The new Garmin Edge 130 Plus and Garmin Edge 1030 Plus GPS bike computers bring new training metrics, streamlined syncing and longer battery life, and a faster processor for the 1030 Plus, with more features for the Edge 130 Plus.
The Garmin Edge 1030 Plus takes the new top-slot as the brand’s most advanced computer, replacing the original Edge 1030 that launched in 2018.
The Garmin Edge 130 Plus sits alongside the Edge 130 as the second-cheapest computer in the Edge range, offering significant updates over that model.
We’ve had the computers for a few days now, and expect to publish a full review in the coming weeks, but for now, here’s everything you need to know about these two new models.
Garmin Edge 130 Plus
- Super-sharp 1.8in grayscale screen
- Climb Pro now features on Garmin’s entry-level computer
- New mountain biking metrics
- 12-hour maximum battery life
- Future ability to control smart trainers
The Garmin Edge 130 Plus builds on the much-loved simplicity of the original Edge 130 with a handful of new features that make it a more compelling option as a complete training tool.
The new computer features the same super-crisp 1.8in grayscale screen as seen on the original 130 and is still operated by five external buttons: power, lap, start/stop, up/menu and down.
The super-sharp display was one of the standout features of the original 130, so we’re happy to see this has been retained.
The overall dimensions of the computer stay at a truly diminutive 41mm wide, 63mm long and 16mm deep.
The computer can be configured to display up to ten fields of data but, unlike Wahoo’s computers, there is still no option to customise data screens via the Garmin Connect app. It must be done on the computer itself.
The new Edge 130 Plus gains Climb Pro. This shows you how much further the climb you’re on continues for and gives an overall view of the profile of the climb.
On colour screen Garmin computers, the Climb Pro metrics are displayed using different colours to illustrate the gradient of the climb. As a monochrome unit, the Edge 130 Plus instead uses different grayscale shades to illustrate the gradient.
Like the outgoing Edge 130, the Edge 130 Plus does not feature base mapping. Routes can be pre-loaded onto the computer via Garmin Connect, at which point Climb Pro metrics will be calculated. This means that, if you go off-route, new Climb Pro stats will not be calculated on the fly.
It is, however, possible to create routes on your phone via the Garmin Connect app and then sync these to your computer when out in the field.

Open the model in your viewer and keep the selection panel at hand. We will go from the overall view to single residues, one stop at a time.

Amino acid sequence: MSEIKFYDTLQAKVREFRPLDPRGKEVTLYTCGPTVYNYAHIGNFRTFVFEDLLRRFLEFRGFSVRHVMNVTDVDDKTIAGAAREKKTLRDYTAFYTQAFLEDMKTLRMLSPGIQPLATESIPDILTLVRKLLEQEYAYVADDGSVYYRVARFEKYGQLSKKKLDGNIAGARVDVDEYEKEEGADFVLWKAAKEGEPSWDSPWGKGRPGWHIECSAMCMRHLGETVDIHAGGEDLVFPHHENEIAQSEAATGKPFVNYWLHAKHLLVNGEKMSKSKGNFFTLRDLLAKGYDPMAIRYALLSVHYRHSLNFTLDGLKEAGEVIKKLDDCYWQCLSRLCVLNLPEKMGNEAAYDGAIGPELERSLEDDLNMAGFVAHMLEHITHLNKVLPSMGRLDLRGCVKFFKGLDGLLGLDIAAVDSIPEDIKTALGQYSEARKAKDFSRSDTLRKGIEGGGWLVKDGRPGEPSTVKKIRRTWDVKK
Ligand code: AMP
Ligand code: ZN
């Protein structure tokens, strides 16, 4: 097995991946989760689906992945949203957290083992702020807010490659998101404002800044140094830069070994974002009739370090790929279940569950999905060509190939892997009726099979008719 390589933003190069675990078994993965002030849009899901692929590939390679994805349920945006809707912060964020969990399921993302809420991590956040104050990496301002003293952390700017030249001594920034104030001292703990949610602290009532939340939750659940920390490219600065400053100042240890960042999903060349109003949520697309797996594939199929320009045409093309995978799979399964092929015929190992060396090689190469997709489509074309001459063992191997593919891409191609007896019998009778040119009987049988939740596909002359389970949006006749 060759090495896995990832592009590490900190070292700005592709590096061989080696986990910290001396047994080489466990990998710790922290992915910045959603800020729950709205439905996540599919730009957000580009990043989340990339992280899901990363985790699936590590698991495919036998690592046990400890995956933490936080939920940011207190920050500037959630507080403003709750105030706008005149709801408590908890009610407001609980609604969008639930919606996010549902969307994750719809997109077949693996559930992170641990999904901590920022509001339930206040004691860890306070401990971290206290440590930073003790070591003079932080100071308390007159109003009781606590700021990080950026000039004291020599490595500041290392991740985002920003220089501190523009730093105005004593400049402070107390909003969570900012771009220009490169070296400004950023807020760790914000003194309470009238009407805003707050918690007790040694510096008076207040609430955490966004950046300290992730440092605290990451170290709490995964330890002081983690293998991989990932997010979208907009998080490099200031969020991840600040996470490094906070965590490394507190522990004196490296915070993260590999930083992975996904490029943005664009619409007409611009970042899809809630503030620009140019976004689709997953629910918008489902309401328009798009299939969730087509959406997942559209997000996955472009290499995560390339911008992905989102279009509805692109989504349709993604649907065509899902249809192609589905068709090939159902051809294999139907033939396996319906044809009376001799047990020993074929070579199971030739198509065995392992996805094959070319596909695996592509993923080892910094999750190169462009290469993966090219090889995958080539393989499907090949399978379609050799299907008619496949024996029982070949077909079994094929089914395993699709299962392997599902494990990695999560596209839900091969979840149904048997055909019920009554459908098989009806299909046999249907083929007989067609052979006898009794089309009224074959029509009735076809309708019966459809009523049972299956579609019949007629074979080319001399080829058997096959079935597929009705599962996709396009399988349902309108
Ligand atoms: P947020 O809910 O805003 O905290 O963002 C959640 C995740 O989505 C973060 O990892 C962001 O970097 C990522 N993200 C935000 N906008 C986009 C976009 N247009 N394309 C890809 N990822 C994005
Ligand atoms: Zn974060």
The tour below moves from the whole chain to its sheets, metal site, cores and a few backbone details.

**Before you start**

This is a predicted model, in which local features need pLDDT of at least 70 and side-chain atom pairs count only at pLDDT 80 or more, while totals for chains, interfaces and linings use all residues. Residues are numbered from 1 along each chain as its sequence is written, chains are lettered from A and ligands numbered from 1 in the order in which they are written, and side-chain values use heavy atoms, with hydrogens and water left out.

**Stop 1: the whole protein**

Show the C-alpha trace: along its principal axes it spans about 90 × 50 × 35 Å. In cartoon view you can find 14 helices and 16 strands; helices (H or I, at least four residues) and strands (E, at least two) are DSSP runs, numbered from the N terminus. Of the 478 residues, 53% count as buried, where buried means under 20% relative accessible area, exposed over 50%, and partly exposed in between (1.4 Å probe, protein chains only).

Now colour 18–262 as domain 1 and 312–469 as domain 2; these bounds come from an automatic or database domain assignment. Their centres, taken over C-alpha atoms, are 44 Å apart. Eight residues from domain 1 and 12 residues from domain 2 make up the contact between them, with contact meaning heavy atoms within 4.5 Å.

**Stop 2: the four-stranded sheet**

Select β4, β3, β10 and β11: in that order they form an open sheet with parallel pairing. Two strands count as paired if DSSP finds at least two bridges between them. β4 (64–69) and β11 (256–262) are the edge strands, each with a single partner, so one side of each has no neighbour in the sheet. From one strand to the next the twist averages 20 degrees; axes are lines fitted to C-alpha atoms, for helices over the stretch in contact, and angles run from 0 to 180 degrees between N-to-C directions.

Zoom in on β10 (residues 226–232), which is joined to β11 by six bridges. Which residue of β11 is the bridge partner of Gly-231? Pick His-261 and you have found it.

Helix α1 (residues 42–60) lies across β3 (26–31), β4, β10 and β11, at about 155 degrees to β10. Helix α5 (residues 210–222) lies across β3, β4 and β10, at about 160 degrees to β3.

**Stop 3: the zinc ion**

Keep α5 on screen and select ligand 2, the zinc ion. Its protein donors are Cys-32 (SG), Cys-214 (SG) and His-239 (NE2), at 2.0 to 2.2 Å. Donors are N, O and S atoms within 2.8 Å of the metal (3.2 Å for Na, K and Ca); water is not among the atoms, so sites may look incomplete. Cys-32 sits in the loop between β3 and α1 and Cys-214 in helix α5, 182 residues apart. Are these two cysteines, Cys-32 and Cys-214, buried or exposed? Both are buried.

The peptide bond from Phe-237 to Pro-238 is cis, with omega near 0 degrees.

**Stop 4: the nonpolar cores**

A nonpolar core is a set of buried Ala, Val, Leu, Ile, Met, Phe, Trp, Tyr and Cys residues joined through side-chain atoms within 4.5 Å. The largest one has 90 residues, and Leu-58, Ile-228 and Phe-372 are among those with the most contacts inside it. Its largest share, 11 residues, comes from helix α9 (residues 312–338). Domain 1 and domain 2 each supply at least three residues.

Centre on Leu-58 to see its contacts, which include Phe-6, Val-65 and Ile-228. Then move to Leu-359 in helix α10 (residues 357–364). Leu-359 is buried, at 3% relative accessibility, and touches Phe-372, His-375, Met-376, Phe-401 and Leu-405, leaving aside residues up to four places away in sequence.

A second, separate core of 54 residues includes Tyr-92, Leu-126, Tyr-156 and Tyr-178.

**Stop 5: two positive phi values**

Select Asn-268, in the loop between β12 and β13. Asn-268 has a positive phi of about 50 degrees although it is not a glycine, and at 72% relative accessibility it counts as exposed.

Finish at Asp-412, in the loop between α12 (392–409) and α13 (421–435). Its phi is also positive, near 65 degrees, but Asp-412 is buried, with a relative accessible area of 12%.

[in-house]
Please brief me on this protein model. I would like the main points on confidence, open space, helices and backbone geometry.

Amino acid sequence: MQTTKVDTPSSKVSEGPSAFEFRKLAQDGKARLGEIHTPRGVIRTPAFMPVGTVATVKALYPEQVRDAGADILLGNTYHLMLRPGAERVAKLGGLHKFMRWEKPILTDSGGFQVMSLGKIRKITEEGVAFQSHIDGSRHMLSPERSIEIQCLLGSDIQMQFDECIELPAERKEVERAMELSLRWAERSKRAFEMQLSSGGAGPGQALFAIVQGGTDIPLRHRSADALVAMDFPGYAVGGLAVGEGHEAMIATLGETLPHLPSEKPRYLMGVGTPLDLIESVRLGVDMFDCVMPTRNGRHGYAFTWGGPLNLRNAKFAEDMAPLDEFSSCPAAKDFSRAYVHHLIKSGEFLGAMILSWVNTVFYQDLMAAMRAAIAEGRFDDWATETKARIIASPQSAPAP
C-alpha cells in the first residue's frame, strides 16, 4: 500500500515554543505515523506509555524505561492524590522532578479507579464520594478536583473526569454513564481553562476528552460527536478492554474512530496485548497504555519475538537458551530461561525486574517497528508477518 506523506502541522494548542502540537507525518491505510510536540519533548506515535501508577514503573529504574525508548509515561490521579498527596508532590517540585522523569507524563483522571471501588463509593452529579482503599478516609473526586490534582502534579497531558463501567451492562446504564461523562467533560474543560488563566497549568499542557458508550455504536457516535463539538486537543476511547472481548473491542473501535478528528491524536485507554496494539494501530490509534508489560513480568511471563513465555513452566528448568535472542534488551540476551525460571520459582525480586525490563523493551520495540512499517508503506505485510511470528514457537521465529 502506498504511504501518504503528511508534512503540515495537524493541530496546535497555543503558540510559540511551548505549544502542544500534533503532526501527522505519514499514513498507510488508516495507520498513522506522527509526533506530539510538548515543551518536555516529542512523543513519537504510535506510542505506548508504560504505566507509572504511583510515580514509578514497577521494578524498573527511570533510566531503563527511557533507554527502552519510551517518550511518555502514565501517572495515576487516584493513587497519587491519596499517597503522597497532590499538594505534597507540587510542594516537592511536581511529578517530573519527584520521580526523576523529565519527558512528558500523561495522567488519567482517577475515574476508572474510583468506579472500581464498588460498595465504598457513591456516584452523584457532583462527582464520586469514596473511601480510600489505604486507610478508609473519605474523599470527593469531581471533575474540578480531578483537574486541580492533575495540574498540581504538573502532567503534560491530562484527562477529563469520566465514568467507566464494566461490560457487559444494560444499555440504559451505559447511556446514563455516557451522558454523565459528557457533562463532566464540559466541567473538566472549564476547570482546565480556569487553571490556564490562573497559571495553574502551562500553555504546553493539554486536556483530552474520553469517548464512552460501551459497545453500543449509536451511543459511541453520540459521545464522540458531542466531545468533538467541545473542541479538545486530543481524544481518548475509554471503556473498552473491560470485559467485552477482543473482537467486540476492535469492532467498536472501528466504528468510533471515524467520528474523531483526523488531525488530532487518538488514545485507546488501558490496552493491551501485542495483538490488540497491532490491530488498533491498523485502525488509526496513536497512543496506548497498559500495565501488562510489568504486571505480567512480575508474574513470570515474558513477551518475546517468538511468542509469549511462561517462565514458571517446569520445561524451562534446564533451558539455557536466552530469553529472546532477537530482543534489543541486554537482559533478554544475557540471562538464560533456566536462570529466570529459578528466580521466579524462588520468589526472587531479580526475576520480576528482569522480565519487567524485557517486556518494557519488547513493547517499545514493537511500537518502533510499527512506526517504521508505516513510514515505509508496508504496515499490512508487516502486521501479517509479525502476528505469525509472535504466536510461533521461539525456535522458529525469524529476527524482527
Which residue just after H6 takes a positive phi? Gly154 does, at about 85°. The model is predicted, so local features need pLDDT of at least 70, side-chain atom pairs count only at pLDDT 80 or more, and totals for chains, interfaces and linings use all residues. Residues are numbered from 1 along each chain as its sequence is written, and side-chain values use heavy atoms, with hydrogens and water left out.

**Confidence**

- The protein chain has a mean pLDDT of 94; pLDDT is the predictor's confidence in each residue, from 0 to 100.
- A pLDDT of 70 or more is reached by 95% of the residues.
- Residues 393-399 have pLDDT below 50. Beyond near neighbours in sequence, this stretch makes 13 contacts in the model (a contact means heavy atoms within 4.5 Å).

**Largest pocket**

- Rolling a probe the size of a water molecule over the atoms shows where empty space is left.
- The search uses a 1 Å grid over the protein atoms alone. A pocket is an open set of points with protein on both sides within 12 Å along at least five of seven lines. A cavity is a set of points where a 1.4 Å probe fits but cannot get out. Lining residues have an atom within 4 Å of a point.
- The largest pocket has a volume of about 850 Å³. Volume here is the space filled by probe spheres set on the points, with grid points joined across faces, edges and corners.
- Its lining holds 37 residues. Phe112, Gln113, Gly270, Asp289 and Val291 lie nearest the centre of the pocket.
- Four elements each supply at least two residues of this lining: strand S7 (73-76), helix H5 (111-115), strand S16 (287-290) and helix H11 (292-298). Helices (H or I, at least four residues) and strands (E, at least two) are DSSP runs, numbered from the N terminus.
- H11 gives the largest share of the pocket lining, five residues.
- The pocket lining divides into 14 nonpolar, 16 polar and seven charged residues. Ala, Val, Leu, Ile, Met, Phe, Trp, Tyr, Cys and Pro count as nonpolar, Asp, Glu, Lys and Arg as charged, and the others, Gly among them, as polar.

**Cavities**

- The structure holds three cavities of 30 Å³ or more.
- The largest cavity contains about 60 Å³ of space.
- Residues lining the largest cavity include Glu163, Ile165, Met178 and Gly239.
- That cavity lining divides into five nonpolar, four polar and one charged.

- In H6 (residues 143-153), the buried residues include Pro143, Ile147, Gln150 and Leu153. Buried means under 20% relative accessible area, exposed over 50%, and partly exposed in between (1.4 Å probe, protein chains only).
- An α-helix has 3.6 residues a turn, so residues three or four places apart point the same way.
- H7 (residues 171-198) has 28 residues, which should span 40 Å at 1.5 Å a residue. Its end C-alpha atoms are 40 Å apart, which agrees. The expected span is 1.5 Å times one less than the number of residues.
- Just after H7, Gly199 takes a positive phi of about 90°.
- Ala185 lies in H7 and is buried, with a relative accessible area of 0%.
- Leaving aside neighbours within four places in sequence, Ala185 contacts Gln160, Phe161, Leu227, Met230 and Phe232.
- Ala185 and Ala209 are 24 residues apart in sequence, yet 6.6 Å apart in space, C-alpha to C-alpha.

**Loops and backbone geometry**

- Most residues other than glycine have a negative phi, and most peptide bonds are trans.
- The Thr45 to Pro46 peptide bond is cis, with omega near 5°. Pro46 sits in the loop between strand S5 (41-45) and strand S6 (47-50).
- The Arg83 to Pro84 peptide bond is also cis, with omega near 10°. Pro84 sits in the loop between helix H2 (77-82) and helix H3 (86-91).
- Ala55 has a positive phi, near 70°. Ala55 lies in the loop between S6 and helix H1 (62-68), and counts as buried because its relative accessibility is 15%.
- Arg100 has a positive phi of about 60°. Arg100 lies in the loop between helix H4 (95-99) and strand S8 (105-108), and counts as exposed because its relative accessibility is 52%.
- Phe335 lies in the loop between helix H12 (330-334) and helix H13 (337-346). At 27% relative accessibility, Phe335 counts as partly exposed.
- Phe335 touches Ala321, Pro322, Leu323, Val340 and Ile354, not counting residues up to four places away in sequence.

Syncing between the best cycling apps, such as Strava, Komoot and other route planers, has been greatly improved by the opening up of Garmin’s API to these platforms (though you’ll now have to pay for the pleasure if you want to use Strava).
Again, because there is no base mapping, the Edge 130 Plus can only display a breadcrumb trail (a black line on an empty white screen) and give turn notifications, but this is usually sufficient for rural road riding.
The Edge 130 Plus gains an accelerometer, which also introduces mountain bike – or road as well, if you’re a really rowdy rider – dynamics to the unit, including jump count, jump distance and hang time.
The accelerometer includes incident detection, which will share your location with pre-selected emergency contacts if the computer detects an incident.
LiveTrack has also been improved and will now share the details of your route as well as your current location. This is a key change because it gives some context to your ride, rather than just appearing as a lonely blinking dot in a sea of roads.
There is still no WiFi connectivity on the Edge 130 Plus, but rides and updates can still be automatically synced via the Garmin Connect app and a Bluetooth connection to your smartphone.
The battery life for the new computer goes from anything between eight to 12 hours, depending on use. This is actually a reduction on the claimed 15 hours of the original Edge 130.
Obviously, we’re taking Garmin’s word for battery life here, but in our experience, these figures tend to be pretty accurate.
As an aside, while even 12 hours doesn’t sound like much when you compare it to the 1030 Plus, remember that that computer is far, far larger than the diminutive Edge 130 Plus, and thus a far larger battery can be packed into the unit.
It is noted in the press pack for the computer that the Edge 130 Plus will gain the ability to control smart trainers down the line, presumably with a future firmware update. This is a new feature compared to the original Edge 130 and makes it a more compelling option as a complete training tool.
The Garmin Edge 130 Plus is available as a standalone computer or as part of a bundle that includes a heart rate monitor. A separate mountain bike pack that includes a remote control and protective sleeve is also available.
The price for the standalone unit is the same as the outgoing Edge 130.
- Garmin Edge 130 Plus computer only: £169.99 / $199.99 / €199.99 / AU$349